Humpback whales move around their prey in a shrinking circle, while following a spiraling path. To model this behavior, we assume that there is a 50% chance of choosing between shrinking encircling mechanism and a spiral model to update the whale’s position. The mathematical model is as follows:where is a random number in [0,1], t is the current iteration, and are coefficient vectors, is the position of the best solution so far, and is the position vector. is a better solution that will be updated in each iteration. indicates the distance of the ith whale to the prey, is a constant for defining the shape of logarithmic spiral, and is a random number in [−1, 1].
3.1.2. Encircling Prey
WOA assumes that the current solution is the target prey. First, the best search agent is defined, and then, the other search agents will attempt to update their positions towards the best search agent. This behavior is expressed in the following equations:
The vectors and are calculated as follows:where is linearly decreased from 2 to 0 and is a random vector in [0, 1].
3.1.3. Prey Search
Humpback whales search randomly based on each other’s position. Therefore, a random value greater than 1 or less than −1 is used to force the search agent away from a reference individual. The position of the search agent is updated according to the random selected search agent. The mechanism and the > 1 allow WOA achieve global search. The mathematical model is as follows:where is a random position vector chosen from the current population.
DE has been proved to be an effective global search algorithm in solving complex global optimization problems. DE and WOA are combined to propose a new algorithm (IWOA), which has better ability of global optimization and great robust. Figure 1 is P-code of IWOA.
By imitatating the operation of mutation and selection in DE, the initialize program of WOA is improved. This new initialize program makes population more representative and easier to obtain a global optimal solution. Population size is considered as the number of whales, Gm is the maximum number of iterations, mutation factor F is calculated by (11), and F0 is the initial value of F:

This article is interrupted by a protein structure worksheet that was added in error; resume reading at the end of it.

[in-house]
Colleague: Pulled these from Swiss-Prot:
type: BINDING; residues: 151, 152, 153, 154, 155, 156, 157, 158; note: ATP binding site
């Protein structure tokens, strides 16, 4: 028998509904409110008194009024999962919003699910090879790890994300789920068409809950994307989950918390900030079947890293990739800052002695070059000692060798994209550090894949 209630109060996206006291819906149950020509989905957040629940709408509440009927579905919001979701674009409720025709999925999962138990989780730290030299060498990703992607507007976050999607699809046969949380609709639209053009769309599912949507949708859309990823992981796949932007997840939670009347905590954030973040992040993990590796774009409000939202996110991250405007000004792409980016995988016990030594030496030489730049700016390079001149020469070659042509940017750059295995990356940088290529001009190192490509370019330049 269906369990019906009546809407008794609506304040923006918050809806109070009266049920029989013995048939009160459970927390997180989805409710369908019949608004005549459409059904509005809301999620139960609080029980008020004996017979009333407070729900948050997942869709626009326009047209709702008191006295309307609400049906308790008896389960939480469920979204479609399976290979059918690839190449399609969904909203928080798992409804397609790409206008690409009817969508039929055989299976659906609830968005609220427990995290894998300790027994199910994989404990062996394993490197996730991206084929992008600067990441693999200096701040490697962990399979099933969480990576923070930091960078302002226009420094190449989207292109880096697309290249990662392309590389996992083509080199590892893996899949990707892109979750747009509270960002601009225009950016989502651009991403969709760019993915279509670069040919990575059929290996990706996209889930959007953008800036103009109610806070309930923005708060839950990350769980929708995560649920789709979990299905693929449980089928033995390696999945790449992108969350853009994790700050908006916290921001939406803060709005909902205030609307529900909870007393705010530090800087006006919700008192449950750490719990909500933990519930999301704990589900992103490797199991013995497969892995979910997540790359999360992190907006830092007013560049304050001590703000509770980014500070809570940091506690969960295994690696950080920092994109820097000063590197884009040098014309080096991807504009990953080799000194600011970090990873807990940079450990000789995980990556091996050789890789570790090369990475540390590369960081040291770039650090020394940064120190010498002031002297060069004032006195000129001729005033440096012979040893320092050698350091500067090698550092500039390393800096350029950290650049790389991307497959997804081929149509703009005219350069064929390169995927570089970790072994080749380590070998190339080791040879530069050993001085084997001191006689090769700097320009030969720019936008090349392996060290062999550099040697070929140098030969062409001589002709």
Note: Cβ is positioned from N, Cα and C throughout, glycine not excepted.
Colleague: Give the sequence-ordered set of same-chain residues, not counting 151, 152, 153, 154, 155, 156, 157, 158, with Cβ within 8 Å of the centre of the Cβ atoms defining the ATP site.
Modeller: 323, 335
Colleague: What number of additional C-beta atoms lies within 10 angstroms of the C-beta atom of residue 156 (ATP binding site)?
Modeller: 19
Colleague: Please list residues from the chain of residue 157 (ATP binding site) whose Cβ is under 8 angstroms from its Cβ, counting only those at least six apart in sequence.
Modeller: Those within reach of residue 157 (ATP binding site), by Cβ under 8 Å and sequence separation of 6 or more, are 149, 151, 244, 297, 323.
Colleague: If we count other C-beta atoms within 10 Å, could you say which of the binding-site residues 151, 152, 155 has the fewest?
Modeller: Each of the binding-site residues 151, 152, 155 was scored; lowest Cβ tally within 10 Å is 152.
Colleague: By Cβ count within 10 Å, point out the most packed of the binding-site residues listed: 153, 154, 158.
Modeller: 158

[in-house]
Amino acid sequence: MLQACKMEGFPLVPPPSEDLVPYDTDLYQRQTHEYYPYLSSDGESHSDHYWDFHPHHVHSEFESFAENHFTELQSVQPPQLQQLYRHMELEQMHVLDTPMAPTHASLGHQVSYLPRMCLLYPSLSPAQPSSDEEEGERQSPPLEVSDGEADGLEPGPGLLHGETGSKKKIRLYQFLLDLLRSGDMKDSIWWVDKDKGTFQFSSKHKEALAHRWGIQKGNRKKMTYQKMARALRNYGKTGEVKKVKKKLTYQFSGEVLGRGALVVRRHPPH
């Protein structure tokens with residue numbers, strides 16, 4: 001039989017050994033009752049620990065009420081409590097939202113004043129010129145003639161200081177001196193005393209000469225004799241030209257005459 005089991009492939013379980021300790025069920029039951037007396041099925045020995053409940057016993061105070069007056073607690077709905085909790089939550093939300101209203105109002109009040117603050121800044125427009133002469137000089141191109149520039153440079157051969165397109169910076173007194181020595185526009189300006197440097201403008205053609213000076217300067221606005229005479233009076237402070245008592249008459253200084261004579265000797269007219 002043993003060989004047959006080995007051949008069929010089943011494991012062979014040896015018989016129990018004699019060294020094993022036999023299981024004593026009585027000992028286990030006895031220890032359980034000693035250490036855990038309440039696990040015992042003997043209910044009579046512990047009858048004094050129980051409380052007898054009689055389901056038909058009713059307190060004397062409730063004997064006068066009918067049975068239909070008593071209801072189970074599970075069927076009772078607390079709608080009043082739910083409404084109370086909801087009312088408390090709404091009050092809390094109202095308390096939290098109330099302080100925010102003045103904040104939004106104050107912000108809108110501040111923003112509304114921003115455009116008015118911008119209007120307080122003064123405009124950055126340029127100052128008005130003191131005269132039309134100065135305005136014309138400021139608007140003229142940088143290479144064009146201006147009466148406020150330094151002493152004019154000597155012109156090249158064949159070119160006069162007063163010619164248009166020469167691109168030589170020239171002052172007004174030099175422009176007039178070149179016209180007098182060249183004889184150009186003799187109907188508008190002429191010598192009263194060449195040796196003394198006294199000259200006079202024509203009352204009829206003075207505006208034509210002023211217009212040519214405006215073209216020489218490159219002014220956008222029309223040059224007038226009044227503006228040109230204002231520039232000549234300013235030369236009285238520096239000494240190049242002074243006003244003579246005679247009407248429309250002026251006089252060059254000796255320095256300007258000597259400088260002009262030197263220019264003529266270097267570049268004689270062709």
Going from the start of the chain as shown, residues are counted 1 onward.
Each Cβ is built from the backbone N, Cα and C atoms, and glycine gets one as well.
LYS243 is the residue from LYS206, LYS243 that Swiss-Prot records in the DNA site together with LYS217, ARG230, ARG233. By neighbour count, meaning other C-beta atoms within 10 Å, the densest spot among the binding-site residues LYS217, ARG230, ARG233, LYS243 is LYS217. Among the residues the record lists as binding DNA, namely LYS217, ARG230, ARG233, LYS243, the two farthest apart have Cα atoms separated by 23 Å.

3.2.1. Mutation Operation
For the whale position (h = 1, 2, …, N), a new position can be generated by the following formula:where N is the number of whales and and are different integers randomly selected in [1, N] and instead of index h. The mutation factor is a real constant on [0, 2], and the amplification of differential vector is controlled.
3.2.2. Selection Operation
In order to determine whether vector can become new positions for whales in the iteration of G + 1, it will be compared with , and if the fitness value of the former is better than the latter, will be replaced by in the G + 1 iteration; otherwise, will be retained. Then, positions of whales are updated.
In the process of robot fine grinding, keeping the grinding speed as a constant contributes to control the material removal rate, so as to effectively control the grinding quality. Therefore, the grinding speed is introduced as the intermediate variable and optimized by IWOA. Then, the optimal motion parameters of each joint of the robot are obtained. The constraints of speed, acceleration, and jerk are shown in Table 1.